Effects of the Internet on Participation: Study of a Public Policy Referendum in Brazil

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World Bank Policy Research Working Paper No. 7204

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Paolo Spada; Jonathan Mellon; Tiago Peixoto; Fredrik M. Sjoberg
Technology Industry; Political Systems and Analysis; National Governance; ICT Policy and Strategies; Parliamentary Government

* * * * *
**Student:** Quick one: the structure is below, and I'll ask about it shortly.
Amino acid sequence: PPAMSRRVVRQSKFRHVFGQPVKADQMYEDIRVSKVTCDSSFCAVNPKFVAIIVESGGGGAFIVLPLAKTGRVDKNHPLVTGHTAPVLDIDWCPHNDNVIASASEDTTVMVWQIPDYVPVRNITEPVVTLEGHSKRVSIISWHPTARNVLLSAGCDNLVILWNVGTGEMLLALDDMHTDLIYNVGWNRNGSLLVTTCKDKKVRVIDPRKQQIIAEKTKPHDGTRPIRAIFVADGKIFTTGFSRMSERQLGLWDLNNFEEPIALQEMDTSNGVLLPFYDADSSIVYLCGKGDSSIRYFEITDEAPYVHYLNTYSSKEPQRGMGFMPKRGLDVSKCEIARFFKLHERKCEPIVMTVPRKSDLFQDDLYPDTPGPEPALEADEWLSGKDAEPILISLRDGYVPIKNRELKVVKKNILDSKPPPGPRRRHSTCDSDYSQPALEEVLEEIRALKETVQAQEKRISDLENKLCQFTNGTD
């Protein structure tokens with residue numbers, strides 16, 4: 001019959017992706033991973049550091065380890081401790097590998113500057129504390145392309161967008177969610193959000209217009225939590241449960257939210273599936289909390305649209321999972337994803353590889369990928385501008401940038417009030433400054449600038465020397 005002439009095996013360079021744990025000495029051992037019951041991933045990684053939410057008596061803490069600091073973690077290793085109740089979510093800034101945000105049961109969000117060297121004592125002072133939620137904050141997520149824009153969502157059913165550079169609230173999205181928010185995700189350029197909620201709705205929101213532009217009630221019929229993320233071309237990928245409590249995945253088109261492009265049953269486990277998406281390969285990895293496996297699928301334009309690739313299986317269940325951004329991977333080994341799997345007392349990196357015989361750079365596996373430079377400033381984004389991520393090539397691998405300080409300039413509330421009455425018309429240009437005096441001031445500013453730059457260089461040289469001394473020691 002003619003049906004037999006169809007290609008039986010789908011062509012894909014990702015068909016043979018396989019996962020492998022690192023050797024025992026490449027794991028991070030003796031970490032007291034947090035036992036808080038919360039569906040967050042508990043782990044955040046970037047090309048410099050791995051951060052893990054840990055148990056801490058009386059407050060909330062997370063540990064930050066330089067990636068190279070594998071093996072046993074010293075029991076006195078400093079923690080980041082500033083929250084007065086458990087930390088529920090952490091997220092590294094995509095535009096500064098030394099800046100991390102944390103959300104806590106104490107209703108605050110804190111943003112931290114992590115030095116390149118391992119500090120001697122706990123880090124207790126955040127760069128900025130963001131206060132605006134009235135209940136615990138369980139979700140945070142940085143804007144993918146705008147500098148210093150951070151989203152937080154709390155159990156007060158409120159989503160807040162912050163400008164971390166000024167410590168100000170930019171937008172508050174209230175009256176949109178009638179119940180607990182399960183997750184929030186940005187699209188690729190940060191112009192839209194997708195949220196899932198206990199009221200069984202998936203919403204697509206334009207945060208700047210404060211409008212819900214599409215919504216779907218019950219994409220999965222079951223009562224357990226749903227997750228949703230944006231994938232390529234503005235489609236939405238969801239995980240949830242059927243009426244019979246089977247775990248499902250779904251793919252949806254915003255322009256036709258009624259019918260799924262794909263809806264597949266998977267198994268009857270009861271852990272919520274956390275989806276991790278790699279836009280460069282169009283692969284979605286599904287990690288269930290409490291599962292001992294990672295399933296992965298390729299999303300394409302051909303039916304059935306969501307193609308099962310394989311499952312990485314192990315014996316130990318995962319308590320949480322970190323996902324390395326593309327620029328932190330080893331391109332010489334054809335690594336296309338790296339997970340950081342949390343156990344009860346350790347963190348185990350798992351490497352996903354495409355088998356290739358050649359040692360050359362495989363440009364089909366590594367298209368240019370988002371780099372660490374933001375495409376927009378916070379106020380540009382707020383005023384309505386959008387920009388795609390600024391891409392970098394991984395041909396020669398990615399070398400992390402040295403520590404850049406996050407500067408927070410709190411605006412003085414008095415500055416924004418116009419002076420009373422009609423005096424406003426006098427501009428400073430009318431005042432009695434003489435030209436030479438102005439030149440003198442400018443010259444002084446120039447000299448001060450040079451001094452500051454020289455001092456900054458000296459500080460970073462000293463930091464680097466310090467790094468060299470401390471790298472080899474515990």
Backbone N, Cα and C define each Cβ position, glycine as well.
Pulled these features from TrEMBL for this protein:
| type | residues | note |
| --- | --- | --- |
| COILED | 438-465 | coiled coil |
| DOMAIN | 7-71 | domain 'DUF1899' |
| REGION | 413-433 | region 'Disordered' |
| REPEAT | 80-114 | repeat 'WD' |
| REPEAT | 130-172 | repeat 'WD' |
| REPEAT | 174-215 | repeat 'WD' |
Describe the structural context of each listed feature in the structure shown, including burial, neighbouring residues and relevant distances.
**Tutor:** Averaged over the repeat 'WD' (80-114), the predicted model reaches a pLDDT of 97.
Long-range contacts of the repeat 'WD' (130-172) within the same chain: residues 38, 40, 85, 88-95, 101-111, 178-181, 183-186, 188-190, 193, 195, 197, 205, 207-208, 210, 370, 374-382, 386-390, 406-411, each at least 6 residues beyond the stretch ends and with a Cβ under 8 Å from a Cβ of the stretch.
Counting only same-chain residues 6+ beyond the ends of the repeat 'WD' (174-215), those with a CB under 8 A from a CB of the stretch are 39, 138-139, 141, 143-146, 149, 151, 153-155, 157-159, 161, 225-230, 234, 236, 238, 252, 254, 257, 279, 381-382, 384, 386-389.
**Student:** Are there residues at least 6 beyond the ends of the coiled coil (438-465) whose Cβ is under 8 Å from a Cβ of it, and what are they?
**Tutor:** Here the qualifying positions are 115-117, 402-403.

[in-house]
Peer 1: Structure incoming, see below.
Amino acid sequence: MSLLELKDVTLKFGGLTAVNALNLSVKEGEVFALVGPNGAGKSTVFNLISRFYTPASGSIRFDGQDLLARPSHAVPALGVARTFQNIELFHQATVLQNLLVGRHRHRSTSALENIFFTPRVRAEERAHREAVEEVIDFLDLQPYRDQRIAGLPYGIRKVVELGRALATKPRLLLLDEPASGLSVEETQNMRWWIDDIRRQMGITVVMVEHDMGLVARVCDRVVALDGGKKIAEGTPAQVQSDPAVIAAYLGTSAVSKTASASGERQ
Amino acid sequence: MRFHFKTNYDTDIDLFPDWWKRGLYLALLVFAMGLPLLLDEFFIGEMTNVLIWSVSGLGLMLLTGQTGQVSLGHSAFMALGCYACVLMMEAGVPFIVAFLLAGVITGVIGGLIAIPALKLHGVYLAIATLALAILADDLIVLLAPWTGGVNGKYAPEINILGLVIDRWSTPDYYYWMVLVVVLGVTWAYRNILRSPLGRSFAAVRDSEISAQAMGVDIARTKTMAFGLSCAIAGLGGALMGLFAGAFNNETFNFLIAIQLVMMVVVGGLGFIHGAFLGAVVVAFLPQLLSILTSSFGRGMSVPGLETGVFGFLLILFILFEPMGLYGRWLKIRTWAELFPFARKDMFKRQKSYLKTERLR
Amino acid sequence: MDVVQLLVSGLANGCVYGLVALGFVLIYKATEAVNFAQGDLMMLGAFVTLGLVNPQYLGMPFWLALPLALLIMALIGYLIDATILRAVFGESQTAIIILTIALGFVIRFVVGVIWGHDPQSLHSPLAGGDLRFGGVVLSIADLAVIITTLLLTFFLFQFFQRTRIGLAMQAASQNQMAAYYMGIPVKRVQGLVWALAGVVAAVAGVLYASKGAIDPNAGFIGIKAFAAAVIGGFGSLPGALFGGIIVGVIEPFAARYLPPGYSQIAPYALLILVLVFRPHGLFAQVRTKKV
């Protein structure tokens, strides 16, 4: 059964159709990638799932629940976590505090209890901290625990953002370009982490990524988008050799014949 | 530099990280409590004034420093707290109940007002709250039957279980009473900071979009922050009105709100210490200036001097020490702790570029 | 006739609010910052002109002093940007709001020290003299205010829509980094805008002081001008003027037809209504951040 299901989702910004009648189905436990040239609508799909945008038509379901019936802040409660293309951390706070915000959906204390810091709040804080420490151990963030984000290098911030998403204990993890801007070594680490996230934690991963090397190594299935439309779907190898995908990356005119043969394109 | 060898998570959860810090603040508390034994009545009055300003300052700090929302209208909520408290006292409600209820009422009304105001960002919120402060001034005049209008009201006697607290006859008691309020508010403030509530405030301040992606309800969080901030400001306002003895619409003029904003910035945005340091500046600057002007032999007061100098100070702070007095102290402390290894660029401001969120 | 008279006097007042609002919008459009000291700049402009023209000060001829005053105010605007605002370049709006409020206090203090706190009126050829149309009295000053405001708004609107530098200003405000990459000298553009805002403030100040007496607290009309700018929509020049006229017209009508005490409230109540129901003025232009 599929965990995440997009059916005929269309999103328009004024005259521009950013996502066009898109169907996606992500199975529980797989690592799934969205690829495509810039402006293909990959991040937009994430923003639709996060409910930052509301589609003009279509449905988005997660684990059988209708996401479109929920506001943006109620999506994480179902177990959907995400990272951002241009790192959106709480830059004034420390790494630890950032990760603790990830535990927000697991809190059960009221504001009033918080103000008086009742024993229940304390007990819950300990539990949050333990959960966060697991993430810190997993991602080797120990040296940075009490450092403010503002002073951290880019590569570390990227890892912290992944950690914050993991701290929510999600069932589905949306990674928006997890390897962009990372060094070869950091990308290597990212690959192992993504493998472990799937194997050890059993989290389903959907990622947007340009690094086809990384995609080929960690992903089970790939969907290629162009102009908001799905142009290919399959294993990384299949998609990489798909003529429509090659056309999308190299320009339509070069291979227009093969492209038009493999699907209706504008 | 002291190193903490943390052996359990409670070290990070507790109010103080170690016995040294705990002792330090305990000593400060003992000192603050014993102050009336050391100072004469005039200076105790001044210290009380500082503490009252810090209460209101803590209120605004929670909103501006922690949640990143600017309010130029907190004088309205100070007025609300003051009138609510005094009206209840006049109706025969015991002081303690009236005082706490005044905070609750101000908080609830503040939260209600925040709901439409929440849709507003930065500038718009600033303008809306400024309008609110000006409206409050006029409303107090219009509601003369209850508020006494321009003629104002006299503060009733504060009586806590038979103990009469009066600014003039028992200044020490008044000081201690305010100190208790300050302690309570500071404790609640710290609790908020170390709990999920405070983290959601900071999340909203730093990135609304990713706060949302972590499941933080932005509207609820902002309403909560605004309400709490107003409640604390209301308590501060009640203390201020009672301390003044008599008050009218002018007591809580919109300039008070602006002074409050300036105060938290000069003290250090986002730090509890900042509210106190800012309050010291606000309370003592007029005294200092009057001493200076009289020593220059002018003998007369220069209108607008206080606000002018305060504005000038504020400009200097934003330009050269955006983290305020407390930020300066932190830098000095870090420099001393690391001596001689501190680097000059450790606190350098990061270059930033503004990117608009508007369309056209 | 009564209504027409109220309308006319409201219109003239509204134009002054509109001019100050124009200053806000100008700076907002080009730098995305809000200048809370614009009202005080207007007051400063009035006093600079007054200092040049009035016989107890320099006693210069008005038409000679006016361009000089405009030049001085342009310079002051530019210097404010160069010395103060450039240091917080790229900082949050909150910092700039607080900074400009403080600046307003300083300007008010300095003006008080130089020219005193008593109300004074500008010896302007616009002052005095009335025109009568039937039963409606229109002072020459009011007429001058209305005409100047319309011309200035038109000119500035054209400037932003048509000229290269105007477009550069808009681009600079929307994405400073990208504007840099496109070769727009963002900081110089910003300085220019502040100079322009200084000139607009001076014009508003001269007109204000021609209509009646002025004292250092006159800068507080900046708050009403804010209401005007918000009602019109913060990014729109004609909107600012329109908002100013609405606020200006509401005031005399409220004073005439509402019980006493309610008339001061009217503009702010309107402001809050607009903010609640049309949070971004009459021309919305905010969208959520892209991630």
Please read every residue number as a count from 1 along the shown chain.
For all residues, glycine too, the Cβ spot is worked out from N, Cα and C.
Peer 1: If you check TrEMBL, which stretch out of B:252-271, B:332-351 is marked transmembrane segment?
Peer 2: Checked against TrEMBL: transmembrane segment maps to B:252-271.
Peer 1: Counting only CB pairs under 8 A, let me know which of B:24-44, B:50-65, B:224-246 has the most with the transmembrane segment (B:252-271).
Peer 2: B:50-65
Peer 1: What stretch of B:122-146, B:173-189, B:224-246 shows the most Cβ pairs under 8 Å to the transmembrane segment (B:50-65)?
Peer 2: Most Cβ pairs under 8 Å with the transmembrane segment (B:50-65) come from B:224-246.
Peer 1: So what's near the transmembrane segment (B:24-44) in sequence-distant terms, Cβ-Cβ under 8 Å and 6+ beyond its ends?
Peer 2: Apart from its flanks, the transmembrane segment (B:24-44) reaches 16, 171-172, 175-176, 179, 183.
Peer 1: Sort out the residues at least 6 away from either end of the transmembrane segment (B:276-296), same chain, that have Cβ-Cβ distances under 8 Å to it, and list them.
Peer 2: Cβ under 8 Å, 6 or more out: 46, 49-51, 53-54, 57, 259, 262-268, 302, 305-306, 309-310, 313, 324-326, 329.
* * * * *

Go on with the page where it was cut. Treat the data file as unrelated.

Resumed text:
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Does online voting mobilize citizens who otherwise would not participate? During the annual participatory budgeting vote in the southern state of Rio Grande do Sul in Brazil -- the world's largest -- Internet voters were asked whether they would have participated had there not been an online voting option (i-voting). The study documents an 8.2 percent increase in total turn-out with the introduction of i-voting. In support of the mobilization hypothesis, unique survey data show that i-voting is mainly used by new participants rather than just for convenience by those who were already mobilized. The study also finds that age, gender, income, education, and social media usage are significant predictors of being online-only voters. Technology appears more likely to engage people who are younger, male, of higher income and educational attainment, and more frequent social media users.